Gorillaz albums come around infrequently enough for me to forget that I never enjoy them in their entirety. I only remember those few great addictive hits which haunt me in between releases. Like Demon Days, I bought Plastic Beach without hearing a single track in advance. I put my trust in front man Damon Albarn to deliver another great album, and that he has done (with the help of a lot of guests)…just not as great as his last effort.
The “Orchestral Intro” made me immediately aware that this album was going to be something special, so imagine my disappointment when it took so long to get to that point. Snoop Dogg does not enhance the catchy “Welcome to the World of the Plastic Beach” and the lovely intro to “White Flag” is a teaser for an awful track. Finally things pick up when Albarn sings on “Rhinestone Eyes”, and then “Stylo” appears. It’s not my favourite song from Plastic Beach, but it’s easy to recognise as single material (and is indeed the first). Even Mos Def can’t ruin it—as he does with the absolutely horrid “Sweepstakes” later in the album. And the next track…oh, do I have to?
When I listen to new albums I do my best to predict what the singles will be. This time, I got two out of three, and I have no idea how I could have guessed that one of the most grating tracks would be the second. On May 9th, look forward to avoiding… “Superfast Jellyfish” featuring de la Soul, who collaborated on Demon Days’ “Feel Good Inc.” What the hell happened this time? It’s…it’s honestly not worth commenting on. You’ll hear it enough on the radio in a few months.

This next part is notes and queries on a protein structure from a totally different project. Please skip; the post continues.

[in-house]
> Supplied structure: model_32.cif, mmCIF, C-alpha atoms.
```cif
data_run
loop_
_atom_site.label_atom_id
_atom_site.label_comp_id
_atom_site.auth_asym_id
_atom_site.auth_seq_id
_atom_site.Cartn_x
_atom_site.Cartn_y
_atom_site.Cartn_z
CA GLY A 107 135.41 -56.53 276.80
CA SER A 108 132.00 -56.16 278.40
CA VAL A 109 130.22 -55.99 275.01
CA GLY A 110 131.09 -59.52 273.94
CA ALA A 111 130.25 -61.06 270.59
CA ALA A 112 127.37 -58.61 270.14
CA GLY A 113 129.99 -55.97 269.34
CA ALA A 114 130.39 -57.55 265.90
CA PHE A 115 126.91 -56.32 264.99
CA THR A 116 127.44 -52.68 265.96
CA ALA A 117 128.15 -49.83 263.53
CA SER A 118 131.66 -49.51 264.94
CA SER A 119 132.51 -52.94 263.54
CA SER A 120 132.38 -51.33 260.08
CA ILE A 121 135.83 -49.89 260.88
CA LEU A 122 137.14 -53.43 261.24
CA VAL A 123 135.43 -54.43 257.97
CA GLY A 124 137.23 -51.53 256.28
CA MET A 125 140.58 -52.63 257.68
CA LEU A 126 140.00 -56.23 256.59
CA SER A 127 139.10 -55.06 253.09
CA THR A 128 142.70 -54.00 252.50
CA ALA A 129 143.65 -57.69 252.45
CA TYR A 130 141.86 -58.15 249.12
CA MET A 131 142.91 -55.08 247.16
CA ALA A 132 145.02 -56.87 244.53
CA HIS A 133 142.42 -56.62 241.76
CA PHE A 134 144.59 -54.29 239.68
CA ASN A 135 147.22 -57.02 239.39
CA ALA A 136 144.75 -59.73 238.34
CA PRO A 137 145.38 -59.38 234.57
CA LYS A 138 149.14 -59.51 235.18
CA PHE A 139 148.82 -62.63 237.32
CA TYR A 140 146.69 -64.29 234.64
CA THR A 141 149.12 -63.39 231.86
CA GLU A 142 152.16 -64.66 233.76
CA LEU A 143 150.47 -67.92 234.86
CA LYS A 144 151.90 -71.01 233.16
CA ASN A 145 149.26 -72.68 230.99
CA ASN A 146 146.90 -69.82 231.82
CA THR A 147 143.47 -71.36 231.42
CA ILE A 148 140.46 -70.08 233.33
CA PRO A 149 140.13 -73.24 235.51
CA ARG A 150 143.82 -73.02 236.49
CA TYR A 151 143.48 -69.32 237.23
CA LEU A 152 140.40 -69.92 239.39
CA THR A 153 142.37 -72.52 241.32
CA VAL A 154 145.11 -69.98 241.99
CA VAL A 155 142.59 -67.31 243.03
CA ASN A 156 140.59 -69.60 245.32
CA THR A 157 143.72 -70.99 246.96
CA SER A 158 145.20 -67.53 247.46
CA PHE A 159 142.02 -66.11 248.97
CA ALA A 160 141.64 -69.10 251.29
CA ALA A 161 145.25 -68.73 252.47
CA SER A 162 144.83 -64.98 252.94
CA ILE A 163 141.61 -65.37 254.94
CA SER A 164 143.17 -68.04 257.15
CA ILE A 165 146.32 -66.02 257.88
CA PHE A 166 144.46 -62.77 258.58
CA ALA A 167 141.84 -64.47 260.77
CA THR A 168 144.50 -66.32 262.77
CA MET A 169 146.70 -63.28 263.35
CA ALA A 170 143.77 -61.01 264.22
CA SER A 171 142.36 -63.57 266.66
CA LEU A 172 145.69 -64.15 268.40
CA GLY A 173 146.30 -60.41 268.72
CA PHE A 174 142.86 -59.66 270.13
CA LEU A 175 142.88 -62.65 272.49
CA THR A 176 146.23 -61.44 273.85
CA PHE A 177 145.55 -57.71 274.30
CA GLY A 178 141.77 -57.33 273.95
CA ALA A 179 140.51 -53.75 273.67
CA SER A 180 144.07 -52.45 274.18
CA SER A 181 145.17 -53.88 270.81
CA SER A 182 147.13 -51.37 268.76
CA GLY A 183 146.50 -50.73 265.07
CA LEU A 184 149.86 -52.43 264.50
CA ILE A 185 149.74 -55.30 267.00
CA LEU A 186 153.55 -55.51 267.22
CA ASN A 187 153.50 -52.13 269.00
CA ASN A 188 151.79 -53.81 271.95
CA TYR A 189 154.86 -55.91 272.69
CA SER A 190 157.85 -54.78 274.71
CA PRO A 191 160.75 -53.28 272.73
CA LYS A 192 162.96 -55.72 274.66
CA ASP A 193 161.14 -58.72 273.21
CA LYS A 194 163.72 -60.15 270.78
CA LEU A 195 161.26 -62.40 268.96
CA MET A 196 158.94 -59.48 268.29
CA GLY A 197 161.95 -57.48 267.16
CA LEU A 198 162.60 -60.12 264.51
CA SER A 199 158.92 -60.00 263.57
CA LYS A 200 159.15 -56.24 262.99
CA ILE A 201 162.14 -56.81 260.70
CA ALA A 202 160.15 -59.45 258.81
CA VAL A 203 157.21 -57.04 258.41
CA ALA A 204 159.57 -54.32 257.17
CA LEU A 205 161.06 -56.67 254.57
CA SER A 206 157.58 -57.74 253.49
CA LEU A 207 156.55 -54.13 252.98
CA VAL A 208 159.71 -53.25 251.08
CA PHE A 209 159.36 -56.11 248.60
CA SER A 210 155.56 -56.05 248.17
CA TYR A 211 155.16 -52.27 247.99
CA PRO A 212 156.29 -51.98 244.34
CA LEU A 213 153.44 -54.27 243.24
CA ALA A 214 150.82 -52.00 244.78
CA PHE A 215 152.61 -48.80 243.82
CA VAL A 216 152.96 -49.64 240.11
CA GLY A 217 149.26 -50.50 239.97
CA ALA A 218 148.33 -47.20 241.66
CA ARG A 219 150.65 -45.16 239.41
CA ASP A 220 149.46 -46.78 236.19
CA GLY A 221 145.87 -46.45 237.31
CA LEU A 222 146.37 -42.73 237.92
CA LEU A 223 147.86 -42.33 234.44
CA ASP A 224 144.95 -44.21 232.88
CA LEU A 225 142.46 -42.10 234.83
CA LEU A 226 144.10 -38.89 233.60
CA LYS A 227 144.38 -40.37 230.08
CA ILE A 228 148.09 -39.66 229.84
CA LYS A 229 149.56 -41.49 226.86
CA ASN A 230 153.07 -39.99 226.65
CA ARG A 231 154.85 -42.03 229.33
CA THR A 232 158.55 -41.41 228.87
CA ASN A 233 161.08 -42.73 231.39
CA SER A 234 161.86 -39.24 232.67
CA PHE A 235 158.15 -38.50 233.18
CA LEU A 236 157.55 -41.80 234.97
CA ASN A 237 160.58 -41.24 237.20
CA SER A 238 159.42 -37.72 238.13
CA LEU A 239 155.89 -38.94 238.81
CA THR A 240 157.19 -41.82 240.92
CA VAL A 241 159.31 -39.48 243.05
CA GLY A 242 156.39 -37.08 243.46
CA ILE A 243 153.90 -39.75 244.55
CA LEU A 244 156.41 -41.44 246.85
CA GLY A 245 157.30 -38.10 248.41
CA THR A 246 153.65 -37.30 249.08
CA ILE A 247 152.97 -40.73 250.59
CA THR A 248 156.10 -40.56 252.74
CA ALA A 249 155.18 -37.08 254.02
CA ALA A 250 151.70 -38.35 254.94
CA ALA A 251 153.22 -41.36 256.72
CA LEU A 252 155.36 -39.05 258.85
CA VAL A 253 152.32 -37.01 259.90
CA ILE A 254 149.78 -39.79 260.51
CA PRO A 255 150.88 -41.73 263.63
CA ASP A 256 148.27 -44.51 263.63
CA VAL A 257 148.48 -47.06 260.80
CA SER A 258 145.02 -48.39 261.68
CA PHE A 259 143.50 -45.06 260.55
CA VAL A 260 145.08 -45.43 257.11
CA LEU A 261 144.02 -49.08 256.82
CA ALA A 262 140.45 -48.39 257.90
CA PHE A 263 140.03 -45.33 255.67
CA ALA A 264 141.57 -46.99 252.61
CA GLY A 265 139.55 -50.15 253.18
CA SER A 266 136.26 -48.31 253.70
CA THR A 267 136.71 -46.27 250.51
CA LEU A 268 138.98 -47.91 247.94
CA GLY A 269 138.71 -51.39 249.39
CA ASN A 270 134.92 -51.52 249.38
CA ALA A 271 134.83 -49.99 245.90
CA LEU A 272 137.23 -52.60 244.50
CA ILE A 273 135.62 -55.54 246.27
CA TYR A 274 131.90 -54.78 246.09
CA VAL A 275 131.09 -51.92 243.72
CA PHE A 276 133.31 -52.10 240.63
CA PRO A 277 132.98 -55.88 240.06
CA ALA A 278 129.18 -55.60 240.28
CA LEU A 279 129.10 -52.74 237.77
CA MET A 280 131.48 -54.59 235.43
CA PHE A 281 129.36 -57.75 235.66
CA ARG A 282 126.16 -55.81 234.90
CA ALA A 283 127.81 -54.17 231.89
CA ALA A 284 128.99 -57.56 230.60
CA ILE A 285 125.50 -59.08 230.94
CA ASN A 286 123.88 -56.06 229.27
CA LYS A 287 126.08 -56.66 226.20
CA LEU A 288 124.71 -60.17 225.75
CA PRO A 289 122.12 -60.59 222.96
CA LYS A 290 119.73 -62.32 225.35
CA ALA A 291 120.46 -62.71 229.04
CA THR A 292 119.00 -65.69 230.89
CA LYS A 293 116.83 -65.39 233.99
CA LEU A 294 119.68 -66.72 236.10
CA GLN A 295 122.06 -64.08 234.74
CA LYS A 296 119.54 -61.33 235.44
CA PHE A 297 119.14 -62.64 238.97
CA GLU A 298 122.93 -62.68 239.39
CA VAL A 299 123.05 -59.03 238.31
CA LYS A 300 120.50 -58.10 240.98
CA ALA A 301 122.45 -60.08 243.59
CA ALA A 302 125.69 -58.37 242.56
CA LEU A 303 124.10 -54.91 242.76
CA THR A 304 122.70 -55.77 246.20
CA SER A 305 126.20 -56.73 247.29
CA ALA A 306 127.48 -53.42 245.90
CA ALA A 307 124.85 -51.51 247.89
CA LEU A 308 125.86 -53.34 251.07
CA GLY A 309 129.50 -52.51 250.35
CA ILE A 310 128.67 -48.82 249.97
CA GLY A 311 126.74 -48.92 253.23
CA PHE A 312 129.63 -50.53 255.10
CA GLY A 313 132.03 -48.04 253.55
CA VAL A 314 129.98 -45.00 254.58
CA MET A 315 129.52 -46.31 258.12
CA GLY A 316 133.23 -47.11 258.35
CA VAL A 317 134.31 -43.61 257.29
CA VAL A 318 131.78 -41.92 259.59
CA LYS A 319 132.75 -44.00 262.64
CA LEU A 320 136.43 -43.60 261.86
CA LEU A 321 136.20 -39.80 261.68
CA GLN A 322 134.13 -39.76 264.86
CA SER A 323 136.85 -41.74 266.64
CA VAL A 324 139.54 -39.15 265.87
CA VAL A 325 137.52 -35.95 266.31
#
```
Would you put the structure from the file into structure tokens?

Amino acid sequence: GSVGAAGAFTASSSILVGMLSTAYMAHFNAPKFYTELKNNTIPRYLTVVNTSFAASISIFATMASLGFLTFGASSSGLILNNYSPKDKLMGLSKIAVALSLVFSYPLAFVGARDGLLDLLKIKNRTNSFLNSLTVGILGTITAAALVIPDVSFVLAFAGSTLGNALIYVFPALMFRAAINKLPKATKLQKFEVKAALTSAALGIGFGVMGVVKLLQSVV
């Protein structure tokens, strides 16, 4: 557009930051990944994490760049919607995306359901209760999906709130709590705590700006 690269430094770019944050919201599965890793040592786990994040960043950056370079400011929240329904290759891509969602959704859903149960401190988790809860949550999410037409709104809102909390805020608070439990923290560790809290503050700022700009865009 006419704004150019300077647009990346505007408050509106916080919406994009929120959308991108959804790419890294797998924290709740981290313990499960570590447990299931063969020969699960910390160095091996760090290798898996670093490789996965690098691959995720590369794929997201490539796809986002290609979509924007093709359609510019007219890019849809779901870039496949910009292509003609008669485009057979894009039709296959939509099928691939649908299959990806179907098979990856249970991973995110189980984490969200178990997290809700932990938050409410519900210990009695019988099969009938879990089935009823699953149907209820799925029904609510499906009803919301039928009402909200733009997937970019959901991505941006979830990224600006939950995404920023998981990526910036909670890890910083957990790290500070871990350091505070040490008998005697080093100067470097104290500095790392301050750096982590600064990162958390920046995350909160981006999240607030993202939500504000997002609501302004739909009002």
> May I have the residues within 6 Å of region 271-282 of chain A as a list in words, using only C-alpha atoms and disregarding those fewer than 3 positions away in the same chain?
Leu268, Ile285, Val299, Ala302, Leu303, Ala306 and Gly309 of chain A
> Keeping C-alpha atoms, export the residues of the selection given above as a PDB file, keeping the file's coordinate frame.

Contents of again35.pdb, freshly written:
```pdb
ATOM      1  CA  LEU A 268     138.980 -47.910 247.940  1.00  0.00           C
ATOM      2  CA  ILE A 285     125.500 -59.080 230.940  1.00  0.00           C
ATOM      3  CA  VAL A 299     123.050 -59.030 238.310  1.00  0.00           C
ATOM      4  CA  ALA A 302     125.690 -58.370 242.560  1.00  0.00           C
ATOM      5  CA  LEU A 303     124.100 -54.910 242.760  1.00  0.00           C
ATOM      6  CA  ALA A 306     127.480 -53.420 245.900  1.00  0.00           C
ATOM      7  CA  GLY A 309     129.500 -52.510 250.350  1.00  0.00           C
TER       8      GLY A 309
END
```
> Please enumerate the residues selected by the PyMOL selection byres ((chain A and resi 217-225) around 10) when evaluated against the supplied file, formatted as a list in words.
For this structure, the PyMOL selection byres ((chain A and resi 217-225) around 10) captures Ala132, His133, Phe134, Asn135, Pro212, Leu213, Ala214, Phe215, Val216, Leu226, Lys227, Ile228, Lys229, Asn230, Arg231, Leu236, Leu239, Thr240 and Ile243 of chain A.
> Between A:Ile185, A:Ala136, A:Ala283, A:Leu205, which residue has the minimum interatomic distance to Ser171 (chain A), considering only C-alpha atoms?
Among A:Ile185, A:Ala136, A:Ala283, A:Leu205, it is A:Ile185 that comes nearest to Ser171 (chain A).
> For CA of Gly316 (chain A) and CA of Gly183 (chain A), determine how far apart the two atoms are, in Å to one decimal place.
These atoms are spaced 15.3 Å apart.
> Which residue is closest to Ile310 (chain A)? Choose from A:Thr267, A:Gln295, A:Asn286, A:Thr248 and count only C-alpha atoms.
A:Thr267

But fear not! Then comes the run of greatness the opening seagulls promised me, packed between the two worst. My favourites of the bunch are “Empire Ants” and “Melancholy Hill”, the latter being the best song on the album (which will be the third single later in 2010, presumably to win back fans turned off by the Jellyfish one). The title track was my other pick for a single; it begins the solid, but not particularly inspiring, cooldown. I hoped for an orchestra reappearance and seagull number at the very end, but they are in the penultimate track for some reason, leaving “Private Jet” sounding tacked on.
If Gorillaz had cut the weak-ass tone (mos) deaf rappers from this album, it would have made me oh-so-happy. I love to hear rap well done, but the best are rarely the ones who make it mainstream. Try Vancouver’s DNA6 for an example of what I’d love to see mixed with Gorillaz’ experimental-pseudo-pop.
I recommend the album, but cut “White Flag”, “Superfast Jellyfish”, and “Sweepstakes” from your iPod. It has a great sound overall, and is perfect to chill-out to, but where is the “Clint Eastwood”? “Feel Good Inc.”? “DARE”? Maybe my next spontaneous Gorillaz purchase four-to-five years from now will have a new song of the calibre I expect and crave.